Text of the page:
UAE to celebrate New Year in July

This year, residents of the United Arab Emirates will celebrate the Islamic New Year in July. The Muslim year is 11-12 days shorter than the Gregorian year, so the date is floating.

This year it will be on Saturday 30 July, so no long weekend is expected. Muslims celebrate the new calendar year on the first day of the Islamic month of Muharram, which is also the first day of the Hijra.

Hijra in Islam refers to the migration of the Prophet Muhammad from Mecca to Medina in 622, which enabled the prophet to escape persecutors and establish the first Islamic state.

The next holiday, the Prophet Muhammad’s birthday, is expected to be held this year on October 8. It is celebrated on the 12th day of Rabi Al-Awwal, the third month in the Islamic calendar, and is called Mawlid Al-Nabi.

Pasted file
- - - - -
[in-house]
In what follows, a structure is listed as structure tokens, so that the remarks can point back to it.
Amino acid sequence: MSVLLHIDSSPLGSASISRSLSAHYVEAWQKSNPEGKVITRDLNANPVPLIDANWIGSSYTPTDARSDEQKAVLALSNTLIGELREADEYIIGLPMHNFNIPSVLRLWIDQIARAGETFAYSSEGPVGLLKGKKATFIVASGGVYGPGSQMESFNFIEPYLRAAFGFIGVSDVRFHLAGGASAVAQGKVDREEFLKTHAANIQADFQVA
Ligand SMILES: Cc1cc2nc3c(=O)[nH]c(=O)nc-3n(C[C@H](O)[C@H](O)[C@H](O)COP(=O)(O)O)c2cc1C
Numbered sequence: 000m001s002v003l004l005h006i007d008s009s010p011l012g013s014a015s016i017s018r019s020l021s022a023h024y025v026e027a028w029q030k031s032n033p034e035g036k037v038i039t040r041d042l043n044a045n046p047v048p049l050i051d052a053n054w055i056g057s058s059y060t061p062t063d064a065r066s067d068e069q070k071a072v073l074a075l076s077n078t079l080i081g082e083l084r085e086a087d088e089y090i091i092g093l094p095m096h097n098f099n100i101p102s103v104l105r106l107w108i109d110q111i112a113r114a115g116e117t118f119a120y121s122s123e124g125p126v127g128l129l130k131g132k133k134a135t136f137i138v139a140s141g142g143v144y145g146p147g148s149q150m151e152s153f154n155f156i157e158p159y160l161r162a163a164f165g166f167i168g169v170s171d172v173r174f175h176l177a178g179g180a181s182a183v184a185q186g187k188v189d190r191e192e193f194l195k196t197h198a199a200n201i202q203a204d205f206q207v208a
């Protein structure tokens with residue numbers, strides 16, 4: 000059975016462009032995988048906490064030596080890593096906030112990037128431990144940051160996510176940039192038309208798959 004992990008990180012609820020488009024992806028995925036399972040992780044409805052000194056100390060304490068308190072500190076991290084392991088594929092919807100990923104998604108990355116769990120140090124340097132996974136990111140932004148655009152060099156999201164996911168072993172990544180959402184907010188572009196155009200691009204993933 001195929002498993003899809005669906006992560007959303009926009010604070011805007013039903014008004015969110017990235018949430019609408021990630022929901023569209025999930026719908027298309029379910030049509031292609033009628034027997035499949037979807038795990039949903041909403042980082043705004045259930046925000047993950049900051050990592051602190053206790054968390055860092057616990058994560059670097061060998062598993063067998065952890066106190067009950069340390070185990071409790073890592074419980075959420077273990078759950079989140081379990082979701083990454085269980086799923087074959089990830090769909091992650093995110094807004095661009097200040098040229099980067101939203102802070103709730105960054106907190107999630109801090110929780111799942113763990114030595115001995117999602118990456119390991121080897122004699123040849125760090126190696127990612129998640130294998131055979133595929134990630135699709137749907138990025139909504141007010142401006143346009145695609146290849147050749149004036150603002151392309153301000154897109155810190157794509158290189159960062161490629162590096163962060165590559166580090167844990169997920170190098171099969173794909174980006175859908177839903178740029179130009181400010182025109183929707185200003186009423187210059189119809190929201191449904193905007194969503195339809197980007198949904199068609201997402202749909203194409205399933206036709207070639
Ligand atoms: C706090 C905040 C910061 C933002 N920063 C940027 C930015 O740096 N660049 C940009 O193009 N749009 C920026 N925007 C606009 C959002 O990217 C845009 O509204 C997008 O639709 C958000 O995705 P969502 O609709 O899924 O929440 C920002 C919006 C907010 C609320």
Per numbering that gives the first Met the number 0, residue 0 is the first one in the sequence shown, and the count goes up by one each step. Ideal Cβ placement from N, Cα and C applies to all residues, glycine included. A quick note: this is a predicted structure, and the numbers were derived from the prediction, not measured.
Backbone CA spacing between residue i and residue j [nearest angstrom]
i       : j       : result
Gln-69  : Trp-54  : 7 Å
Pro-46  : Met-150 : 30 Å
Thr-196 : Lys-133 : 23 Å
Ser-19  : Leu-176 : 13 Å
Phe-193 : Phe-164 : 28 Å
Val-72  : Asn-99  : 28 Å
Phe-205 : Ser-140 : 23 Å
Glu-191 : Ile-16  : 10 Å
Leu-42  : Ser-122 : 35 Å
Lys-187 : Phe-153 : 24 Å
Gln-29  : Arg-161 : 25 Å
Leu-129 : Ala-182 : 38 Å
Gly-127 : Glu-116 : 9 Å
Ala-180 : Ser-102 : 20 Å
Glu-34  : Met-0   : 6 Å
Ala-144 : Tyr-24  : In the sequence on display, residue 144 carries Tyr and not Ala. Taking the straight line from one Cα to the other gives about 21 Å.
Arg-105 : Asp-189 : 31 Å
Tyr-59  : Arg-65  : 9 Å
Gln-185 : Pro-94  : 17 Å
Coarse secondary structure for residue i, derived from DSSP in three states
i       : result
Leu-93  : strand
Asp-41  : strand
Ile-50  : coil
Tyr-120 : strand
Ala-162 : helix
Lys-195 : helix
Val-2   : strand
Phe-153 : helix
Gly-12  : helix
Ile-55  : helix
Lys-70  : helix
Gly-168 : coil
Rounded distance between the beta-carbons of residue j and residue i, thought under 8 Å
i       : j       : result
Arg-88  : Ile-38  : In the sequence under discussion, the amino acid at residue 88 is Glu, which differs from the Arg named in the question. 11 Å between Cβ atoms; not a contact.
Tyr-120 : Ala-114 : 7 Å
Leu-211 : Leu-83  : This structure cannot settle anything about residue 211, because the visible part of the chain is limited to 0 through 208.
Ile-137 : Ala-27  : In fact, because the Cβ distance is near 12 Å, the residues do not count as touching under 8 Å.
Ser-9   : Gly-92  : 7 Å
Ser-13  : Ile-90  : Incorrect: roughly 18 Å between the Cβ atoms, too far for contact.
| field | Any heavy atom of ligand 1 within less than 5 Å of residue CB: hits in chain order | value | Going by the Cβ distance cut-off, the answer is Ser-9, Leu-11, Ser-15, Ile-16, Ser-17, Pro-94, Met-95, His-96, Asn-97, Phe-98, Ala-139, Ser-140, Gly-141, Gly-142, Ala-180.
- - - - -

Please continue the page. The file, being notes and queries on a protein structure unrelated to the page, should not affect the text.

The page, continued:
The birth of the Prophet Muhammad did not become celebrated until 300 years after the advent of Islam. As the exact date of the prophet’s birth is unknown, this commemoration was timed to coincide with the day of his death, the night of the 11th to the 12th of the third month. The date of commemoration shifts 12 days each year.

On 30 November, Fallen Soldiers Memorial Day will be celebrated – the country will pay tribute to the soldiers and officers who gave their lives in the line of duty. On December 2, the country will celebrate UAE National Day. Thus, the next long weekend awaits the residents of the country only in December.

On 2 December 1971, the rulers of several emirates signed a union agreement to create a single state, the United Arab Emirates. The country will take on the colours of the UAE flag: shopping malls and skyscrapers, parks and beaches will be decked out in red, white, green and black. In the evening, celebratory fireworks can be seen around the country.

Source: The National

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